Divorce is without a doubt one of the most painful experiences in life for men and women, regardless of the circumstances. Most experts agree that the recovery time for divorced individuals is about two years and may be much longer in some cases. In fact, it has been suggested that an eighteen to twenty-four month period of post-seperation adjustment occurs with most people. This period involves both personal and interpersonal turmoil. Often, adjustment is complicated because it sets off a chain of stressful events that may endure over an extended period of time. Studies suggest that other than the death of a spouse, divorce requires more reorganization than any other transition in life (Clapp, 1992).
Currently, the rate of divorce is fairly consistent and predictable. It is estimated that 40-60 percent of current marriages will end in divorce (Ahrons, 2004). More than 1 million children each year are affected by divorce and half of these children will be raised in families where parents remain in conflict. Of these families experiencing a contentious divorce, 60 percent of the children impacted will feel rejected by at least one parent. Although only approximately 10 percent of custody cases reach the courtroom, these cases tend to be highly litigious and damaging to the children caught in the middle of their parents’ intense hostility and anger. Approximately 20 to 30 percent of divorcing couples are currently identified as exhibiting high-conflict behaviors. Many of these same parents engage in ongoing litigation over their children for years. Although these parents represent a minority of the divorcing parents, the high level of conflict poses serious concerns for our society at large.
Psychology Today published a related article in July 2013. The author, Alysia Abbott, the mother of a child with autism, describes how frequently she came across the statistic that 80% of parents of children with autism divorce. Her interviews with other parents in this article highlight the stresses and challenges many families feel, but also the support that many couples can offer each other.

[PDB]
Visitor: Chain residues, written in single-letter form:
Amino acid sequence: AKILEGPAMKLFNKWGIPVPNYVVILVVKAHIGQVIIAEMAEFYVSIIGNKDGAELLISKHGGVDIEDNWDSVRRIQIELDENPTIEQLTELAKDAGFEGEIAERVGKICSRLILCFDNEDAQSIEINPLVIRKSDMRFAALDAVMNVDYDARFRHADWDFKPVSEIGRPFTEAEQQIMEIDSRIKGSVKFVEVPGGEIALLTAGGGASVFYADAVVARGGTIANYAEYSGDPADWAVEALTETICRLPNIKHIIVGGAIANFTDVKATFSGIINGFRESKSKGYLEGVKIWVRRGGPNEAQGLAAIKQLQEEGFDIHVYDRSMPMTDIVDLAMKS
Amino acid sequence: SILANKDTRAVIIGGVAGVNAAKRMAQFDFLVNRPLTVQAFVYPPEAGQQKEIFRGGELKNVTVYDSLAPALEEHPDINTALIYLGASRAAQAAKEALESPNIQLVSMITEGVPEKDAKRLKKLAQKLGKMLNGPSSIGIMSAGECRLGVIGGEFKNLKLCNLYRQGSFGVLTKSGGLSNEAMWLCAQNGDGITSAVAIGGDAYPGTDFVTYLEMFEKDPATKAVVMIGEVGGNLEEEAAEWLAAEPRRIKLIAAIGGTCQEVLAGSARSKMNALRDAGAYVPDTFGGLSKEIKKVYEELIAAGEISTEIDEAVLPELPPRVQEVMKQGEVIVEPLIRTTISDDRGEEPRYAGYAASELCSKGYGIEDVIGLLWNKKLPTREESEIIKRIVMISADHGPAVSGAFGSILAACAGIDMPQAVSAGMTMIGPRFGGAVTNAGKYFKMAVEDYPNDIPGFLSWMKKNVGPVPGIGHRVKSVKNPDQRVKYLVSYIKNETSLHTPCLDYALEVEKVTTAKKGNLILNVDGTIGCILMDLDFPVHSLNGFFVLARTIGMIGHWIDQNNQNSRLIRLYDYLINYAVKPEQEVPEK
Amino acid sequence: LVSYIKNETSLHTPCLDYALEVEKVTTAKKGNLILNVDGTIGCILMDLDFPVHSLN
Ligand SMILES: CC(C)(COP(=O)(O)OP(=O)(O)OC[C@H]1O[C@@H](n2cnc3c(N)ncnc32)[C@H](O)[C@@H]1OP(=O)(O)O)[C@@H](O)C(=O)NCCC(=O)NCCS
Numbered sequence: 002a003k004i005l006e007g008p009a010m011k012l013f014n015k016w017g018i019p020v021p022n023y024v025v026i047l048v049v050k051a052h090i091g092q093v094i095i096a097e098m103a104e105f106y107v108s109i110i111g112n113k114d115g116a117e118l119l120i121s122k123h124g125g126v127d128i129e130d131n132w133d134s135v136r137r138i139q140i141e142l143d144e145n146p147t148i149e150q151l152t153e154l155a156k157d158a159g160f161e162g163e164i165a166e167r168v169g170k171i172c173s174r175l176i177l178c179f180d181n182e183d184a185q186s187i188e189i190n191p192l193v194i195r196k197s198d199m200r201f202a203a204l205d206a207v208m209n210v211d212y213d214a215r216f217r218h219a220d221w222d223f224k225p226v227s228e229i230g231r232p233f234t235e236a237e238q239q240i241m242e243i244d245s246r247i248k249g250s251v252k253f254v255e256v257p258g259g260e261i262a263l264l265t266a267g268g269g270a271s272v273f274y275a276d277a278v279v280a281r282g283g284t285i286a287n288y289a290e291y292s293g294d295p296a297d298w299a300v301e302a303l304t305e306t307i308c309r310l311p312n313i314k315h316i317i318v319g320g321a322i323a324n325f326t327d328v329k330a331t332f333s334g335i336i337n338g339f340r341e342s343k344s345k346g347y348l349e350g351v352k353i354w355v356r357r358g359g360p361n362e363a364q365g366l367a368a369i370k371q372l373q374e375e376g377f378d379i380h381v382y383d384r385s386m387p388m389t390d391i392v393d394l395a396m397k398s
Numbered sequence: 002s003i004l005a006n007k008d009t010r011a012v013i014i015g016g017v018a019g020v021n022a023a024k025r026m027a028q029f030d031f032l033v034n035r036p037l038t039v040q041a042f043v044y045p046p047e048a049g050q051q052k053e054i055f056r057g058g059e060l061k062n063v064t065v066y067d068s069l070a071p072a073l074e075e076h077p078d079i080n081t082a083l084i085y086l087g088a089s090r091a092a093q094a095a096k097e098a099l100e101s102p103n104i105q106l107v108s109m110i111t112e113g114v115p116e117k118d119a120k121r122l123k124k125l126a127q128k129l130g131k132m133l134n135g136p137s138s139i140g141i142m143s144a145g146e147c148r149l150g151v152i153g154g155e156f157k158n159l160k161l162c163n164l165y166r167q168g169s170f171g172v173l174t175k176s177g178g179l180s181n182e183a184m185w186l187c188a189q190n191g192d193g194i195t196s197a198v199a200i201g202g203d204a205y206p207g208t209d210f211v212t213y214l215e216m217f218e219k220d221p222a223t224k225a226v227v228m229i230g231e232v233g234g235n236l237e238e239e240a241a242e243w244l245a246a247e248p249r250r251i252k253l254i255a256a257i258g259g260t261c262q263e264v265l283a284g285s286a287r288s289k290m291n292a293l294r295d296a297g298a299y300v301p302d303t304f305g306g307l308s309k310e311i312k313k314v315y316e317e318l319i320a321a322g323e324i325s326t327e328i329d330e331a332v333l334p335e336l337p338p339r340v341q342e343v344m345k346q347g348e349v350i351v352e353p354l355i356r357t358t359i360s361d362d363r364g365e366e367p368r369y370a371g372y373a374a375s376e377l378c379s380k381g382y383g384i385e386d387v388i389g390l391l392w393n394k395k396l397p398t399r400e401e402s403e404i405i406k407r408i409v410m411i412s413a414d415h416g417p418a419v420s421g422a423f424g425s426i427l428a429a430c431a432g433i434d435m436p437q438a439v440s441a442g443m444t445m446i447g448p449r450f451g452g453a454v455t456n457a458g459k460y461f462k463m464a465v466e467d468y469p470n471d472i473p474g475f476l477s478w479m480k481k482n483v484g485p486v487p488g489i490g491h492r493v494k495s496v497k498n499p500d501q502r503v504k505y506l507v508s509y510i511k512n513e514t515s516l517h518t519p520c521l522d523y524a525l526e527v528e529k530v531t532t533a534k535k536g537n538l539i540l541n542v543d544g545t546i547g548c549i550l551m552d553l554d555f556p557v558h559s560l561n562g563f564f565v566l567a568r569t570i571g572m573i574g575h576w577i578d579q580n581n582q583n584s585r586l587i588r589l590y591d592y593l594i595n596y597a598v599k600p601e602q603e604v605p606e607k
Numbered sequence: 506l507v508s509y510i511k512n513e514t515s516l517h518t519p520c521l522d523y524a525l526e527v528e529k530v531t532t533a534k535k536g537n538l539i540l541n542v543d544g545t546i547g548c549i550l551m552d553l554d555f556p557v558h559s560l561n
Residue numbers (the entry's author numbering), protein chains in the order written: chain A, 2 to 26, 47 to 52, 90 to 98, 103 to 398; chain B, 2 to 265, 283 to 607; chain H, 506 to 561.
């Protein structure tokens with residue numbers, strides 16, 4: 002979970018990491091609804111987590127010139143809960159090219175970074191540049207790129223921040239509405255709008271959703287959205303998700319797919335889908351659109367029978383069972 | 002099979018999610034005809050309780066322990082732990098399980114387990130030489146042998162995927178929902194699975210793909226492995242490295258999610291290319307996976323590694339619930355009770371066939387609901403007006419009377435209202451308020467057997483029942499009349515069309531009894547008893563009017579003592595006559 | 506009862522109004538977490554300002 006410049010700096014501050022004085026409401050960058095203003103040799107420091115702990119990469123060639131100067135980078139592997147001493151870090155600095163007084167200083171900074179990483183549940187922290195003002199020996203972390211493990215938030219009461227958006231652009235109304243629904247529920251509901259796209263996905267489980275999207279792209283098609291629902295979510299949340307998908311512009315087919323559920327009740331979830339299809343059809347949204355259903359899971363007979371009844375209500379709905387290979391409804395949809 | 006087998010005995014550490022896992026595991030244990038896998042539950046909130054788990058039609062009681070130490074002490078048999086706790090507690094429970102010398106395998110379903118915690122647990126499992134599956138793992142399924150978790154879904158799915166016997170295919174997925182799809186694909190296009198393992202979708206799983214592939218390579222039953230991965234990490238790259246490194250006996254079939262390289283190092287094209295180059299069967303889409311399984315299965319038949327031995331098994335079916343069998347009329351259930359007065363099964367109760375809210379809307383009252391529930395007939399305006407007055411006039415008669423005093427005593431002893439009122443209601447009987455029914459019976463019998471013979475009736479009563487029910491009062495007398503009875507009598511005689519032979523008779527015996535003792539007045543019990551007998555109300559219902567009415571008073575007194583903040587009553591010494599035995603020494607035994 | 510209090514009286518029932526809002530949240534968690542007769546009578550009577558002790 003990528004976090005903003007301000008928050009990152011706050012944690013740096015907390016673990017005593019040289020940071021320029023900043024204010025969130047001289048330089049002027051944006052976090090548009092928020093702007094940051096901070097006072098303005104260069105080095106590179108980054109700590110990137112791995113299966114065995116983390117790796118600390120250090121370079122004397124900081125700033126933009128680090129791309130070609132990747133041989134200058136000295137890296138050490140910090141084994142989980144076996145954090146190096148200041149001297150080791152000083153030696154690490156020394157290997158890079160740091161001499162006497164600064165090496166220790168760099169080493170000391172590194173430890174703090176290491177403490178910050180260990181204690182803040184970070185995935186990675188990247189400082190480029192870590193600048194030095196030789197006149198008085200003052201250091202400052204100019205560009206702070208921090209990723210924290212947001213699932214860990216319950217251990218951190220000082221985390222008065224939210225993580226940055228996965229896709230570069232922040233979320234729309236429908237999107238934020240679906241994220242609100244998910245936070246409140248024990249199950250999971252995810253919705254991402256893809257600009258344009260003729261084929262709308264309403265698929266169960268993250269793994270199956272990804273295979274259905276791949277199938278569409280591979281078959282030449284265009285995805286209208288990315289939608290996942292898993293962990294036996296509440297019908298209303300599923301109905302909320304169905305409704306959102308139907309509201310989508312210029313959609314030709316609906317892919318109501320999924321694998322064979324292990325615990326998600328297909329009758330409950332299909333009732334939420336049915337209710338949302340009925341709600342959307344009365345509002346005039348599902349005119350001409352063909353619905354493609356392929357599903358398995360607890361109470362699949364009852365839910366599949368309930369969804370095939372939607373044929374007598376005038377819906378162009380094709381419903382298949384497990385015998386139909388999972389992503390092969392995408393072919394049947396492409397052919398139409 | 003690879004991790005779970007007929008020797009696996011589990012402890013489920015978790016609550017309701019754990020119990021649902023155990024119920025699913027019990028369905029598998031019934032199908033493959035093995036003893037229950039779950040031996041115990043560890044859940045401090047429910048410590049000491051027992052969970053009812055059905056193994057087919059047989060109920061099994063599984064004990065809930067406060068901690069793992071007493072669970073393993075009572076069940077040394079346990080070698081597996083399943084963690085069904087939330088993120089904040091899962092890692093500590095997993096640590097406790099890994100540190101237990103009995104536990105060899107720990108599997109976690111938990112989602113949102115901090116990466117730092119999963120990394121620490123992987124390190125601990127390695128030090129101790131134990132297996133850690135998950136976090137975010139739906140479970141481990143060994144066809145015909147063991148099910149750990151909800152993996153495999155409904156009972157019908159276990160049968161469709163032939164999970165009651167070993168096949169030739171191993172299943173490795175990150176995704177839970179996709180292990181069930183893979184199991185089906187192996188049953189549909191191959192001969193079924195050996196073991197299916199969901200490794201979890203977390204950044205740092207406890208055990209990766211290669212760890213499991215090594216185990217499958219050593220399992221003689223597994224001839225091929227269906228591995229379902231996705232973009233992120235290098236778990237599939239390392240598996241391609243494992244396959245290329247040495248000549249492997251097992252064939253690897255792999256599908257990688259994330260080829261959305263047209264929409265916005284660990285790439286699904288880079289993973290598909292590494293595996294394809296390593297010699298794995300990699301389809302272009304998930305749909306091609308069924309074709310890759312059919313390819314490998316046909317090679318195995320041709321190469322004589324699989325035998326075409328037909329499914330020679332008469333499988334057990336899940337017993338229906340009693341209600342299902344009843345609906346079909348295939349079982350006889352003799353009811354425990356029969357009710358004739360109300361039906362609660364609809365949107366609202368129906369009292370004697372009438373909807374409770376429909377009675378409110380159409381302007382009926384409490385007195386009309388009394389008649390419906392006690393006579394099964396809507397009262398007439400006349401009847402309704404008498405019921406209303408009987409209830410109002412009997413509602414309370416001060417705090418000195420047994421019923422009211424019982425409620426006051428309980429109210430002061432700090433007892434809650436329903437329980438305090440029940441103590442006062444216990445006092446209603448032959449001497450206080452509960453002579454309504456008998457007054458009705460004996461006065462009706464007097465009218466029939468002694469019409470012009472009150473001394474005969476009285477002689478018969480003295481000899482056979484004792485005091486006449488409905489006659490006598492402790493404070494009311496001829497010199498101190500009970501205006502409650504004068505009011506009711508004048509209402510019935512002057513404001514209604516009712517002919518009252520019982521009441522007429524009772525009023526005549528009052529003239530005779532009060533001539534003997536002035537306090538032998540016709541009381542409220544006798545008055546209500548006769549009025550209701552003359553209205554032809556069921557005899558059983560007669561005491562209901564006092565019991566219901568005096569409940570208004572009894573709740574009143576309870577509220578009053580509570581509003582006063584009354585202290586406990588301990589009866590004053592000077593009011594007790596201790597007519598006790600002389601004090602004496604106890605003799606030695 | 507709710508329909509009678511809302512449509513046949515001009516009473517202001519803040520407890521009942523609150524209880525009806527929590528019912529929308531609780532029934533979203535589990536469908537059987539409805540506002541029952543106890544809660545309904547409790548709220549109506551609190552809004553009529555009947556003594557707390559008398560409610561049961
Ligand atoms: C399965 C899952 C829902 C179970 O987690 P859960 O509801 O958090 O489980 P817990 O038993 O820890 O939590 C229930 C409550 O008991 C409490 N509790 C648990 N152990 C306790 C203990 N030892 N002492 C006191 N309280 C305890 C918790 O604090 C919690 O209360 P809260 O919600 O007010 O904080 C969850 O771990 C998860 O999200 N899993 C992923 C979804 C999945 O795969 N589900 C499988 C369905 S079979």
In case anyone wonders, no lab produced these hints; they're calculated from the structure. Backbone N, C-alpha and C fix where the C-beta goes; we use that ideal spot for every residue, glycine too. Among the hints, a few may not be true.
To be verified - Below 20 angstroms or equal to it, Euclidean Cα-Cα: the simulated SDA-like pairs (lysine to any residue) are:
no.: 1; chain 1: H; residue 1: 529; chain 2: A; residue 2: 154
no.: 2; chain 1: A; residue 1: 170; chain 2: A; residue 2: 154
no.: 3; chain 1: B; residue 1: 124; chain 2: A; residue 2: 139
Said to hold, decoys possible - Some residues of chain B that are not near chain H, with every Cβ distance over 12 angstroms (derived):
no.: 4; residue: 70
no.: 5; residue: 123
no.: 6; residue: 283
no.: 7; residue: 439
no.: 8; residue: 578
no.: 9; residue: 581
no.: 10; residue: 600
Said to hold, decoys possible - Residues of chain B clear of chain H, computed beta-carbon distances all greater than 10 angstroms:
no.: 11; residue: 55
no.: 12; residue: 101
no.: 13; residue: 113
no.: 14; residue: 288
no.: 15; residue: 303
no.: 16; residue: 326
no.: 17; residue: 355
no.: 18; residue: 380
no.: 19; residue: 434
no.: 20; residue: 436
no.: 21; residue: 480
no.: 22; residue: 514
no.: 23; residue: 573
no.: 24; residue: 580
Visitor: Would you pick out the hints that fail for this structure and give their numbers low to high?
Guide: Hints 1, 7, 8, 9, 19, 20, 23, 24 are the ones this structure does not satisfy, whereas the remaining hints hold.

Why is clarifying this misconception important? Because our behavior is heavily influenced by what we believe to be normative. Couples who know another couple who have gotten a divorce are more likely to divorce themselves (McDermott et al., 2013). Divorce takes a heavy emotional and financial toll on families. Couples who think there is more hope for their relationship are more likely to stay married.
Divorce does not destroy a family; rather, divorce breaks and divides the family into two families. Divorce, simply put, reorganizes the family from a one-home structure to a two-home structure (Boyan and Termini 2005). The parents’ behavior toward one another and the ability of parents to interact with each other greatly impact a child’s adjustment during this time. It is how parents handle and resolve the separation of the family that determines the impact of divorce for children. Parental interaction characterized by hostility and conflict is the single most common cause of poor adjustment in children following divorce (Garrity and Baris 1994). An environment of hostility places a greater strain on a child’s development than any other factor in divorce. At one time the research simply stated that children of divorce had problems with adjustment (e.g., behavioral problems, insecurity, low self-esteem, learning disabilities, etc.). However, now the literature much more clearly indicates that the children of high-conflict, contentious and hostile divorces are the children impacted exponentially throughout the separation, divorce, and for the years that follow. Divorcing parents who wish to avoid such outcomes for their children must continue to interact with their former spouses in matters of child-rearing with mutual collaboration and cooperation in a two-household structure.
Gathering the data for this article was easy. The Internet abounds with such startling statistics and endless data. The challenge is to extinguish the trend. As with any cultural change, it begins with one, it begins with you and me.
“We change the world not by what we say or do, but as a consequence of what we have become.”
Tim is a board-certified behavior analyst and a licensed marriage and family therapist. He has been instrumental in developing health care systems in multiple states including Florida, Kentucky, Illinois, Tennessee, Georgia, Colorado, and Hawaii. While serving as the Director of the Behavioral Health Division of Community Ties of America, his expansion efforts resulted in the company being recognized by Inc Magazine as one of the top 15% of the 5,000 fastest-growing privately held companies in the United States in 2009.